BY SIMON YAFFE
MOSHE ELIAS has always been fascinated by the Bible. So much so, his new book, The Messiahs of Princep Street (Writersworld, £10), is the Genesis of a Pentateuch (first five books of the Bible) of novels he is writing.
The Exodus, Leviticus and Numbers novels are finished - and Deuteronomy is in progress.
"In Genesis, God declares the Jews are separate from all others," Moshe said. "That is the theme of the book."
In the book, Adam Messiah is born into a modest Jewish home in Singapore.
During the Second World War, Japan occupies the island for three-and-a-half years and he is interned with his family.
The Jews are the only local people imprisoned as a whole community.
Adam grows up with a father who gets all his answers from the Bible until he dies.
London-based Moshe was born into a Jewish family in 1934 in Singapore.
Like the majority of the community, they were of Iraqi descent. Jews migrated to Singapore soon after Sir Stamford Raffles established it as a trading post in 1819.
Moshe, who was one of four children, explained: "Jews were in Singapore before it became a British colony.
"Growing up there, the community never numbered more than 2,000, but we also had some refugees from Europe, too."
One of the most famous members of the Jewish community was David Marshall.
Best-known for being the first chief minister of Singapore, he also served as its ambassador to France, Switzerland, Spain and Portugal - and was a friend of the Elias family.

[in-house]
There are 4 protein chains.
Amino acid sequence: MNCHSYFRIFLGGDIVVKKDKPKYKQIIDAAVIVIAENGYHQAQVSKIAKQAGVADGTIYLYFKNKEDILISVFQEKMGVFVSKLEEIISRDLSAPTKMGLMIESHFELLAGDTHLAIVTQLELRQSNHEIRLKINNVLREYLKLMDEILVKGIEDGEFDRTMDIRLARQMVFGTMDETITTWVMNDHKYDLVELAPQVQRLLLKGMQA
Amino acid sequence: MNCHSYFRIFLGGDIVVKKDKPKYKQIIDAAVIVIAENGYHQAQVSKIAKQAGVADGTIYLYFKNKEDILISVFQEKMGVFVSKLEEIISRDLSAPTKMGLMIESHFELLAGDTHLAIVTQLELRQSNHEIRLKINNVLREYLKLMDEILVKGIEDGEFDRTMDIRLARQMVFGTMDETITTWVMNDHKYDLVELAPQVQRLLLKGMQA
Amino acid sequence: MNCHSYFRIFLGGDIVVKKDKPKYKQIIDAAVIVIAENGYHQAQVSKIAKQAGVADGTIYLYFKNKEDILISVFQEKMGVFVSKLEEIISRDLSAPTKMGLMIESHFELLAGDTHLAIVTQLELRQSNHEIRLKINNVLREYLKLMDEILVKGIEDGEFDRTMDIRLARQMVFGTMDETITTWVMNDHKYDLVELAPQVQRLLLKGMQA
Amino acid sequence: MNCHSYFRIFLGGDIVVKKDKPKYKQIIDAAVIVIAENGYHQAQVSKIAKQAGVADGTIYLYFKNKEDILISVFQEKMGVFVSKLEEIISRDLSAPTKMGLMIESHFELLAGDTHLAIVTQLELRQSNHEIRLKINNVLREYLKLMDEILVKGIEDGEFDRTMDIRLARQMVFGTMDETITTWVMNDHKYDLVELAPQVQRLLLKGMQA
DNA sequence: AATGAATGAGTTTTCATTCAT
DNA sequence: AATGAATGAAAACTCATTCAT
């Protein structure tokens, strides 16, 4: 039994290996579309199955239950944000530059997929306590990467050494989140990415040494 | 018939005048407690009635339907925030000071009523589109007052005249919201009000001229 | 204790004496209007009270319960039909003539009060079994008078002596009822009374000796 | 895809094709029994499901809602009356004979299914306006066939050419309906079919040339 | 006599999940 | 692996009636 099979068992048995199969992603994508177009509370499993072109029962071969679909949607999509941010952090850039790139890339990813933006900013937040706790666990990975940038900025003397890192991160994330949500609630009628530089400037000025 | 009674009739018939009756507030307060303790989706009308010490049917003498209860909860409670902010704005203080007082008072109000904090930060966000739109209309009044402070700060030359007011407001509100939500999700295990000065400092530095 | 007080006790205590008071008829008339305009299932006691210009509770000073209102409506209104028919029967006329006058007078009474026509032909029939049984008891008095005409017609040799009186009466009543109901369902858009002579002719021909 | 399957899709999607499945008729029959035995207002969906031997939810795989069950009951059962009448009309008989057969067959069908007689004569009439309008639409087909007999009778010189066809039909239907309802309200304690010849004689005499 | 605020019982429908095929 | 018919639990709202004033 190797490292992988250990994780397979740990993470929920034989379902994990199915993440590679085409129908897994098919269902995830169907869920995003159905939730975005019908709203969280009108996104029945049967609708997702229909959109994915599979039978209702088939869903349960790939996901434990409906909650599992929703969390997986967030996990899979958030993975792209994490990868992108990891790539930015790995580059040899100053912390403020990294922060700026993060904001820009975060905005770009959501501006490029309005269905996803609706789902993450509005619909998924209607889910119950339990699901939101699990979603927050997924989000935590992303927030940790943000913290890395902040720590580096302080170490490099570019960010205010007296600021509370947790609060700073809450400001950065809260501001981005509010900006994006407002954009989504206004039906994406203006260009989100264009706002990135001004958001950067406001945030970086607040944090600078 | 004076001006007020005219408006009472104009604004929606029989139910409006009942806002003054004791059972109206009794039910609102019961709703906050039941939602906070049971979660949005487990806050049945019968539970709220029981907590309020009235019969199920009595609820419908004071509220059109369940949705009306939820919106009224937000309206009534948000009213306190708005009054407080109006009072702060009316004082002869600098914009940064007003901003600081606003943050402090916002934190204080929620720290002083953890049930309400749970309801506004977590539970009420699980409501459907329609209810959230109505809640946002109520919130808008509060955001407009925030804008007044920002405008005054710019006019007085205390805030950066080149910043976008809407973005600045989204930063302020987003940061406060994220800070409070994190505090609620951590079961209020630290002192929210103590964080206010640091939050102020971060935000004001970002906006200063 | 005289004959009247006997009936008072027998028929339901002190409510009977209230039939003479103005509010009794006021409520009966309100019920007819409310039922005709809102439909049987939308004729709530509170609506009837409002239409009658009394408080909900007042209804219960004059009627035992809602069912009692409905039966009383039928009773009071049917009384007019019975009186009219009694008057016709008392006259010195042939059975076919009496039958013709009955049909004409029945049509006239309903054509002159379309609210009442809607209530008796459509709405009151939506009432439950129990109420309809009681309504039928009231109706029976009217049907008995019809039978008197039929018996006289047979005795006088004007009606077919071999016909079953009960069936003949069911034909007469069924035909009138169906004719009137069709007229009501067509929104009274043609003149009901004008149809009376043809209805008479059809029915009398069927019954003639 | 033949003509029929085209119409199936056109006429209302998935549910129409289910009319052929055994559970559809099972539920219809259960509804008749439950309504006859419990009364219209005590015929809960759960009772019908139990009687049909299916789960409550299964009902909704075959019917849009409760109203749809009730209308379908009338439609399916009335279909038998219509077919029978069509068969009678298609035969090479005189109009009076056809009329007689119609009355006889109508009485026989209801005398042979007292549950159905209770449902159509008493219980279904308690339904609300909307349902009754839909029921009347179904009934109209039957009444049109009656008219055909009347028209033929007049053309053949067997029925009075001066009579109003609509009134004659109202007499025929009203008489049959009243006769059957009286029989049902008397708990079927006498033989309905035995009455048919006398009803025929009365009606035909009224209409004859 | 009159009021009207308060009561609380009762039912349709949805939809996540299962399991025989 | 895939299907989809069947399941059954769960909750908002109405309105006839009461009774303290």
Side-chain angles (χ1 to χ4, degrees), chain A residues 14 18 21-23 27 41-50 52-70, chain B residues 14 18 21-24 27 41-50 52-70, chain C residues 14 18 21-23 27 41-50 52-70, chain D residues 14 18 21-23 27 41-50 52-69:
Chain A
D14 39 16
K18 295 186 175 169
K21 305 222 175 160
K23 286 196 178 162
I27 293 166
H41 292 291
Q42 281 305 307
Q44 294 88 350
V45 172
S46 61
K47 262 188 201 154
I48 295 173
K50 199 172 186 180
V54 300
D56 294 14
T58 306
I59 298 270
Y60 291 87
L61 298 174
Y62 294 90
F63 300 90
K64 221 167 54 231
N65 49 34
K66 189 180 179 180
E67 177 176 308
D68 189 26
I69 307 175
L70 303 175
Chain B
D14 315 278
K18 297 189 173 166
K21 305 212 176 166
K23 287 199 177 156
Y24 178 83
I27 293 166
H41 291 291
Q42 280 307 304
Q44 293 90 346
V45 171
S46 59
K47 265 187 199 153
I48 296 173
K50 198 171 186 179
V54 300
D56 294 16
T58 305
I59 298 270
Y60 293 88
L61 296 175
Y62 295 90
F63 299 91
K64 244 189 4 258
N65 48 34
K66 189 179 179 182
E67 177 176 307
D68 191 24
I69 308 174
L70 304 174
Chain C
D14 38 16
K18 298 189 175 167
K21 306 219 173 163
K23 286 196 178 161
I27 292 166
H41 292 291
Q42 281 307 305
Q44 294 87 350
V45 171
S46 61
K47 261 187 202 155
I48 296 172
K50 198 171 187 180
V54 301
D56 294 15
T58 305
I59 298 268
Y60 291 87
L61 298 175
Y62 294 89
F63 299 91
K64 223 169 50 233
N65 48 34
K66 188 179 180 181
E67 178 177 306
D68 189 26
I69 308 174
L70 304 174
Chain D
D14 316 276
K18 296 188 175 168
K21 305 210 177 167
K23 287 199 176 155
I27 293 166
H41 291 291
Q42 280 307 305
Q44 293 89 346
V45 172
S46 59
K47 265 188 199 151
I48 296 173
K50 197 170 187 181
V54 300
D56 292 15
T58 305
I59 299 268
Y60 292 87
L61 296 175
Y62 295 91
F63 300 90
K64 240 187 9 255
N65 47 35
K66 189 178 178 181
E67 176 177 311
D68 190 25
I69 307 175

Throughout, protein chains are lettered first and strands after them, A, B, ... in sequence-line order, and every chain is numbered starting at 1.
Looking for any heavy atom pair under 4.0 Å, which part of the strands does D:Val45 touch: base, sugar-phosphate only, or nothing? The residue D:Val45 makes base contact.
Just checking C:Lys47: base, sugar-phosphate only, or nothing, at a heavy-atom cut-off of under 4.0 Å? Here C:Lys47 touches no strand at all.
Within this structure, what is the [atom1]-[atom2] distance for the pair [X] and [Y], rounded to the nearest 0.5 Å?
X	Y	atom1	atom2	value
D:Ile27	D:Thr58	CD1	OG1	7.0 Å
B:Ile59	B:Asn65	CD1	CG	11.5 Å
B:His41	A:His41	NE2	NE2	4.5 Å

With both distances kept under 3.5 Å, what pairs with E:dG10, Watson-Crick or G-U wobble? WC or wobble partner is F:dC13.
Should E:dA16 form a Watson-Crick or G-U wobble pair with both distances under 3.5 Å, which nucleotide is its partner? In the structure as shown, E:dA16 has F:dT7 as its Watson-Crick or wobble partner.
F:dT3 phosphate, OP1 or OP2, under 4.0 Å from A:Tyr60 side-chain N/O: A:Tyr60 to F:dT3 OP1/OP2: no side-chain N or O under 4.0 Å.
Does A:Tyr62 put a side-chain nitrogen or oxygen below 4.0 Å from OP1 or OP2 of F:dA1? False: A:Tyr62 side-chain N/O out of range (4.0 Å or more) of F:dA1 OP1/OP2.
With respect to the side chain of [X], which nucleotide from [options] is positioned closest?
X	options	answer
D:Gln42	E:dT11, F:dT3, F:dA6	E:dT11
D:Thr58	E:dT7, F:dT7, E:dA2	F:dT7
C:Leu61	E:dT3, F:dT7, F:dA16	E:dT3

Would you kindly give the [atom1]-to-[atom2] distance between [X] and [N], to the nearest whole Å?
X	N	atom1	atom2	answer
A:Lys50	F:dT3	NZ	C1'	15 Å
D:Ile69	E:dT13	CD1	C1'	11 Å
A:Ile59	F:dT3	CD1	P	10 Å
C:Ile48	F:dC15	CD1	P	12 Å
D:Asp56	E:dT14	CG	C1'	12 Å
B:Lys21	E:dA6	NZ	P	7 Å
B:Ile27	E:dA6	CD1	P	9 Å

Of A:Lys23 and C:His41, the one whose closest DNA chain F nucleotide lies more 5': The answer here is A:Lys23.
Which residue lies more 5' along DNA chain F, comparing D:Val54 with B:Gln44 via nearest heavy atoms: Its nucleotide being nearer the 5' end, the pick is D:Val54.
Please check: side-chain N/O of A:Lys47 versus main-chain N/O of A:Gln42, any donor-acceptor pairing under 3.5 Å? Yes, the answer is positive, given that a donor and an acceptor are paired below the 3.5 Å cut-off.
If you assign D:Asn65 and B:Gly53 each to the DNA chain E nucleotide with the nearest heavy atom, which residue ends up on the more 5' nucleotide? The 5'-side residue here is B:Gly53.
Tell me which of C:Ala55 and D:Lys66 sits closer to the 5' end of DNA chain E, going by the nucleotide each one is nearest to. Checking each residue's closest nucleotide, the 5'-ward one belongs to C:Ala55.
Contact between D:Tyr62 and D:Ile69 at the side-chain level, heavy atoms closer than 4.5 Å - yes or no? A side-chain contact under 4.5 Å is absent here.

The Jewish community lived among Malays, Indians and Chinese and, Moshe said, the Jews were treated a little better than those other ethnic groups by the British.
"They still had their antisemitism, though," he recalled.
"The Jewish community was a religious one and synagogue was always full on the big holidays."
On December 8, 1941, when Moshe was seven, Japan attacked Singapore.
The island surrendered 10 weeks later - Winston Churchill called it the worst disaster and largest capitulation in British military history.
Moshe, his mother, Dinah, and three sisters were evacuated to Bombay, where they spent four years.
His father, Ezekiel, who was an elder of the community, was picked up by the Japanese - and never seen again.
Moshe explained: "I remember a Jewish family of four suffered a direct hit from the Japanese.
"My father came home, pale as a ghost, and told us, 'right, that is it, you're going away'.
"He was picked up by the Japanese because he happened to be in the street at a particular time.
"I don't think the Japanese were antisemitic - but they certainly didn't like the Chinese and the whites."
After the family returned to Singapore - and found out Ezekiel had disappeared - Moshe went to Scotland to read naval architecture at university.
"It was only then that I discovered our white masters in Singapore lived in grubby black buildings in Britain, bathed once a week and had to be encouraged to eat more fruit on giant billboards," he recalled.
"It was, I suppose, not so much a culture shock as a rude awakening.
"I remember having to bargain with my landlady for a kettle of hot water twice a week for a wash in the hand basin."
He later returned to Singapore, where he practised naval architecture for the government and set up an engineering consultancy.
The father-of-four and grandfather-of-seven, who is married to Egyptian-born Yemima, moved to England in 1977.
Their children were already at schools in the country.
Moshe, who has also lived in Israel, added: "Members of the Singapore Jewish community had left in large numbers.
"Now, I would say there are only around 300 to 400 there.
"There has been a large influx of Israelis, as well as British and American Jews, who have gone there for business."